This study was part of a larger study evaluating patient comprehension of discharge instructions; therefore, only patients with presenting complaints consistent with four diagnoses (ankle sprain, back pain, head injury, and laceration) were targeted. Exclusion criteria included age less than 18 years, non–English language–speaking, significant history of psychiatric disease or cognitive impairment, and medically unstable patients. Patients were recruited based on research assistant (RA) availability and were approached in triage or upon room placement.
Following patient and provider consent, digital audio recorders were positioned in the patient room with “sound-grabbers” to enhance the quality of the recordings. Audio recording started at the time of patient consent and was stopped after patient discharge. The audio recorder did not leave the room with the patient (e.g., when the patient went to studies such as x-ray or computed tomography); thus only conversations that occurred within the patient room were captured. Following completion of the patient's visit, the total ED length of stay and door-to-doctor time were abstracted from the medical record.
Audiotapes were analyzed using the Roter Interaction Analysis System (RIAS). RIAS is the most widely used medical interaction analysis system, with demonstrated reliability and validity.[33, 34] RIAS is based on social exchange theories and linguistic-based techniques of communication analysis. RIAS coding is performed directly from the audiotape, without transcription, and data are directly entered into RIAS software. The coders assign each utterance (or complete thought) spoken by the clinician or patient to one of 41 mutually exclusive and exhaustive categories. An utterance can range from a single word (e.g., “ok”) to a question or complete sentence. These 41 categories can then be combined to reflect larger functional groupings (see Table 1).
Table 1. Categories of the RIAS
| ||Open-ended questions: medical condition and therapeutic regimen|| |
“What other medical problems do you have?”
“When were you supposed to get an x-ray for that?”
| ||Open-ended questions: lifestyle and social psychological||“What do you do for work?”|
| ||Closed-ended questions: medical condition and therapeutic regimen|| |
“Did you have back pain before?”
“Will I be able to walk on it?”
| ||Closed-ended questions: lifestyle and social psychological|| |
“Do you smoke cigarettes?”
“Is this going to be covered by my insurance?”
|Patient education and counseling|
| ||Biomedical information-giving||“We are going to give you an air cast which is a little brace that comes around the foot and has some air pillows in it to make you more comfortable.”|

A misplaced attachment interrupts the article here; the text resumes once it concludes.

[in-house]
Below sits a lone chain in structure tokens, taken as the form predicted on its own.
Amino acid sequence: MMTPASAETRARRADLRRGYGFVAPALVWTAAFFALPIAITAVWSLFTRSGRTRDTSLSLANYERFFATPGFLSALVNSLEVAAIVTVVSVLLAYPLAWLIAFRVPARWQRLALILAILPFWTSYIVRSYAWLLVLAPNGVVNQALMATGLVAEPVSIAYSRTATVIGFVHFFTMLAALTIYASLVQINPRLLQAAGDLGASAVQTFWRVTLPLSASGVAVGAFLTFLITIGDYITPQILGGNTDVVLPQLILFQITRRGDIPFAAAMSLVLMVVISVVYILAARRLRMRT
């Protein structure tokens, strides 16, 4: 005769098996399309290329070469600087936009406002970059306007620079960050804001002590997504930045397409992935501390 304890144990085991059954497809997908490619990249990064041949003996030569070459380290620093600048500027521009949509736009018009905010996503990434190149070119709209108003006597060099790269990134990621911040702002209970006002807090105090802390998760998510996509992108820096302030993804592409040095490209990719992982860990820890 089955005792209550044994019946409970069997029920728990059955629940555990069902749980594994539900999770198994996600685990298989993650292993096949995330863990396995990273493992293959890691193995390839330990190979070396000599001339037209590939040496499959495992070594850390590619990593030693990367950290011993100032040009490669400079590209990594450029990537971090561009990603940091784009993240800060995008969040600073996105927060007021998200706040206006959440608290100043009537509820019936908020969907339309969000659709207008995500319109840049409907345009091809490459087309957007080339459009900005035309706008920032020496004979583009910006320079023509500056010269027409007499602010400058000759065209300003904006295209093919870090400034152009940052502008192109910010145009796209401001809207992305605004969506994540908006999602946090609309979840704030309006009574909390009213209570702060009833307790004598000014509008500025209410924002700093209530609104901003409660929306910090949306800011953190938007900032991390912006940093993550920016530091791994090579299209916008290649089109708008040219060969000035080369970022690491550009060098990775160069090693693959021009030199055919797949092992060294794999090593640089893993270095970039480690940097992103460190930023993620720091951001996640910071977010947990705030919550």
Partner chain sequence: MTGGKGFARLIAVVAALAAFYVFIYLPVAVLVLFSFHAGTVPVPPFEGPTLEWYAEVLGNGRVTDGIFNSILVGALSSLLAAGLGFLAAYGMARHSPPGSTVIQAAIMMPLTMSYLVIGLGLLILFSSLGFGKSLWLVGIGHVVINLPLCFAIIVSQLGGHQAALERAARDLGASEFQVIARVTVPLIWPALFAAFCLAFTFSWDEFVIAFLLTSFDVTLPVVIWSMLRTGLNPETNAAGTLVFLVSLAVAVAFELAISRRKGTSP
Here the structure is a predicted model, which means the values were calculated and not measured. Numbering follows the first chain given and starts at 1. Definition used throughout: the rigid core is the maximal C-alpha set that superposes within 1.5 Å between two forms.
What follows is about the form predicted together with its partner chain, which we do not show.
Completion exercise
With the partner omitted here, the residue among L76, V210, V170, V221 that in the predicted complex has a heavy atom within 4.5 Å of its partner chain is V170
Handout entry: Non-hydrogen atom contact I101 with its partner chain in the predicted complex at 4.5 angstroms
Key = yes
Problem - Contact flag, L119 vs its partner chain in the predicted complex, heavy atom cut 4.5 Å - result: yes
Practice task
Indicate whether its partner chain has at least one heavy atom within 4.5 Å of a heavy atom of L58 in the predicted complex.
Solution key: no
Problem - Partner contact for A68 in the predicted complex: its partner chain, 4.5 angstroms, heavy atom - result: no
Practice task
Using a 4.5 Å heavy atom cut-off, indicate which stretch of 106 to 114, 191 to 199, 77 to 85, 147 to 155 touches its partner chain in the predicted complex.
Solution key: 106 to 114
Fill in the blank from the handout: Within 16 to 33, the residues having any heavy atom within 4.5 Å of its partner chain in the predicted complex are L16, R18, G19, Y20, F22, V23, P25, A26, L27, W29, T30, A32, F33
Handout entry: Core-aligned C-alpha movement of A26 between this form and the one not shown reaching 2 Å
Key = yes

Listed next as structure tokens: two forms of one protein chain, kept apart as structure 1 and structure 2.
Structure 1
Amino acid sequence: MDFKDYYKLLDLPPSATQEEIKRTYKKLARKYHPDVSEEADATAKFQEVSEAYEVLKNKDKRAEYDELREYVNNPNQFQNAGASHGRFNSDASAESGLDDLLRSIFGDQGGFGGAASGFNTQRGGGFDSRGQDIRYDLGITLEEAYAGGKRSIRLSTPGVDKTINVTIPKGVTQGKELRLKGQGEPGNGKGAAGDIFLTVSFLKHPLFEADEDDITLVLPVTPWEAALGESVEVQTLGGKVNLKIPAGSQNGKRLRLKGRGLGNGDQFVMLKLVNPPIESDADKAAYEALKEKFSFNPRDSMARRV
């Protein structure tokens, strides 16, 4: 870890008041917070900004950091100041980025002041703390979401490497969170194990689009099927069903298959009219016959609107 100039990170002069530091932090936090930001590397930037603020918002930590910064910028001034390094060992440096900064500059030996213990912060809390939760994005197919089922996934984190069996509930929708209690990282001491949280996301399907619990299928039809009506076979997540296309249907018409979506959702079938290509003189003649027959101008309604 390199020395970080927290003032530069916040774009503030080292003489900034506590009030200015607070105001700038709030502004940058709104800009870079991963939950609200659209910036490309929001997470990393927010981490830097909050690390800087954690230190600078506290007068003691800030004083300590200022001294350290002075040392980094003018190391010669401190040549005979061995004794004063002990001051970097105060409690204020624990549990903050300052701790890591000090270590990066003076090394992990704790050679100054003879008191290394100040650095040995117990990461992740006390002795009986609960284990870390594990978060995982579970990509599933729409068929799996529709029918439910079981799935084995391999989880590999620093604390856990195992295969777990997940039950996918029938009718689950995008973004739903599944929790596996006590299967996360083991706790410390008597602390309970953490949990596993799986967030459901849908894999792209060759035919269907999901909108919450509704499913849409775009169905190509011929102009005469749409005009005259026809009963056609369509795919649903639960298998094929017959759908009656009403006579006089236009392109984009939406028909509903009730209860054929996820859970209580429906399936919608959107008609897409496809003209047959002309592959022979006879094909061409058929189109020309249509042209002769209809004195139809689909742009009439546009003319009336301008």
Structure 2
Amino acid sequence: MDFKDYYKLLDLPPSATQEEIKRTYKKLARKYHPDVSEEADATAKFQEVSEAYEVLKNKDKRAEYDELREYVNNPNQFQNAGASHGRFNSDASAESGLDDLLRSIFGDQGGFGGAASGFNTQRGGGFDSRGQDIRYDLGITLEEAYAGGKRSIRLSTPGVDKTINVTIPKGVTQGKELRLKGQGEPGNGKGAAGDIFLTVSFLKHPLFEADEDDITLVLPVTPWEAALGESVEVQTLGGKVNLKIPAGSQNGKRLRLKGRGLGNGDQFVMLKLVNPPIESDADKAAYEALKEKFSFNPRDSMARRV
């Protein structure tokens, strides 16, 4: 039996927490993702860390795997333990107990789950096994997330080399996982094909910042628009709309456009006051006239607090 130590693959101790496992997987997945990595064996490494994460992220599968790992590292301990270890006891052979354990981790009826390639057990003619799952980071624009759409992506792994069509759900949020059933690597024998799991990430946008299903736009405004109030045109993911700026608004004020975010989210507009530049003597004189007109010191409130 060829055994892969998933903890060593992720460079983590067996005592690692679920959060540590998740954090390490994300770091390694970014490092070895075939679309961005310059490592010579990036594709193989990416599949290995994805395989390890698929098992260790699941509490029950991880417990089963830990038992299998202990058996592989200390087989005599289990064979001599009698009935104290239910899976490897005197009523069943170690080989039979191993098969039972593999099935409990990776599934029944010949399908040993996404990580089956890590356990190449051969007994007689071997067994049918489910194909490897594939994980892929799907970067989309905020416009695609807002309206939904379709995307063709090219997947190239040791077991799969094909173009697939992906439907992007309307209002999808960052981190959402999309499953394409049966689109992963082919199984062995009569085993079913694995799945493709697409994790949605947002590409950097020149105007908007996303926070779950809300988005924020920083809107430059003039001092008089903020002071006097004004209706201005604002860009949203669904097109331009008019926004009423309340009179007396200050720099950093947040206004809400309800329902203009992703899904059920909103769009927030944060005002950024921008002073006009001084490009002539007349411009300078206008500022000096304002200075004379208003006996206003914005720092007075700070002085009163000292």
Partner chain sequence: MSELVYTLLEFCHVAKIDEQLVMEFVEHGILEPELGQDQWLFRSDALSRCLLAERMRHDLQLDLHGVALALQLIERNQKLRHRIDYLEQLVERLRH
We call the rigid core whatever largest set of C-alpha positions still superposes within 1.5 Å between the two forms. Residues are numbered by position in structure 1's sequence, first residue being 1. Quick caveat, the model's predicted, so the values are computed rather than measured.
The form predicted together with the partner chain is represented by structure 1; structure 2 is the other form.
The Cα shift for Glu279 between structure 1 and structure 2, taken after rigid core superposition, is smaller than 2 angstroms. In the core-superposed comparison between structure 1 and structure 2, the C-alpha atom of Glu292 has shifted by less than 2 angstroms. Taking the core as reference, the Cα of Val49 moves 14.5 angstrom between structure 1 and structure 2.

| ||Psychosocial information-giving||“I actually rode my bike for the first time from my house to here and it is terrifying. People drive crazy.”|
| ||Biomedical counseling ||“You are advised to keep ice on it as much as you can and to take ibuprofen 800 mg every 8 hours”|
| ||Psychosocial counseling||—|
|Socio-emotional exchange categories|
|Building a relationship|
| ||Social talk (nonmedical chitchat)||“I had a friend who went to DePaul. I remember visiting him on a weekend.”|
| ||Positive talk (agreement, jokes, approval, and laughter)||Clinician → Patient “Perfect, that's what we want.”|
| ||Negative talk (disagreements and criticisms)||“Oh great, I get to go through all of the pain by myself.”|
| ||Emotional talk (concerns, reassurance, empathy and partnership)||Clinician → Patient “I know it's going to be puffy for days. You're doing everything right. For all we know, without you're doing what you're doing, it could be three times as puffy.”|
|Facilitation and patient activation|
| ||Participatory facilitators (asking for patient opinion, asking for understanding, paraphrases, and back-channel responses)|| |
“Do you think you'll need a prescription for something for pain?”
“I was told it hurts more on the outside, than on the inside, but both sides hurt some. Is that right?”
| ||Procedural talk (orientations and transitions)||“Okay, I'll give you the air cast. I'll put it on now.” |
Two researchers trained in RIAS coding (DM, BB) analyzed all audio recordings. One coder (DM) is an EP, and the other (BB) is an emergency nurse. Prior to RIAS coding, all silent downtime or patient–family member conversations were removed from the audio recording using audio editing software. All providers were coded as one team; therefore, there are not separate codes for each resident physician, attending physician, nurse, or technician. Similarly, if a patient's family member interacted directly with the care providers, that interaction was coded with the patient's codes. All downtime conversations between the patient and family members were deleted from the audio recording and were not coded. Twenty percent of the sample was double coded, and the coder's reliability was assessed at the beginning of the coding period.
In accordance with the methods described by Roter and Larson, the frequencies of the physician variables in each of four larger functional categories coded (data gathering, patient education and counseling, building a relationship, and activating and partnering) were summed to determine the overall percentage of conversation spent on that category. This process was repeated for patient variables and the corresponding larger functional categories for patients (information giving, question asking, building a relationship, and facilitation and patient activation).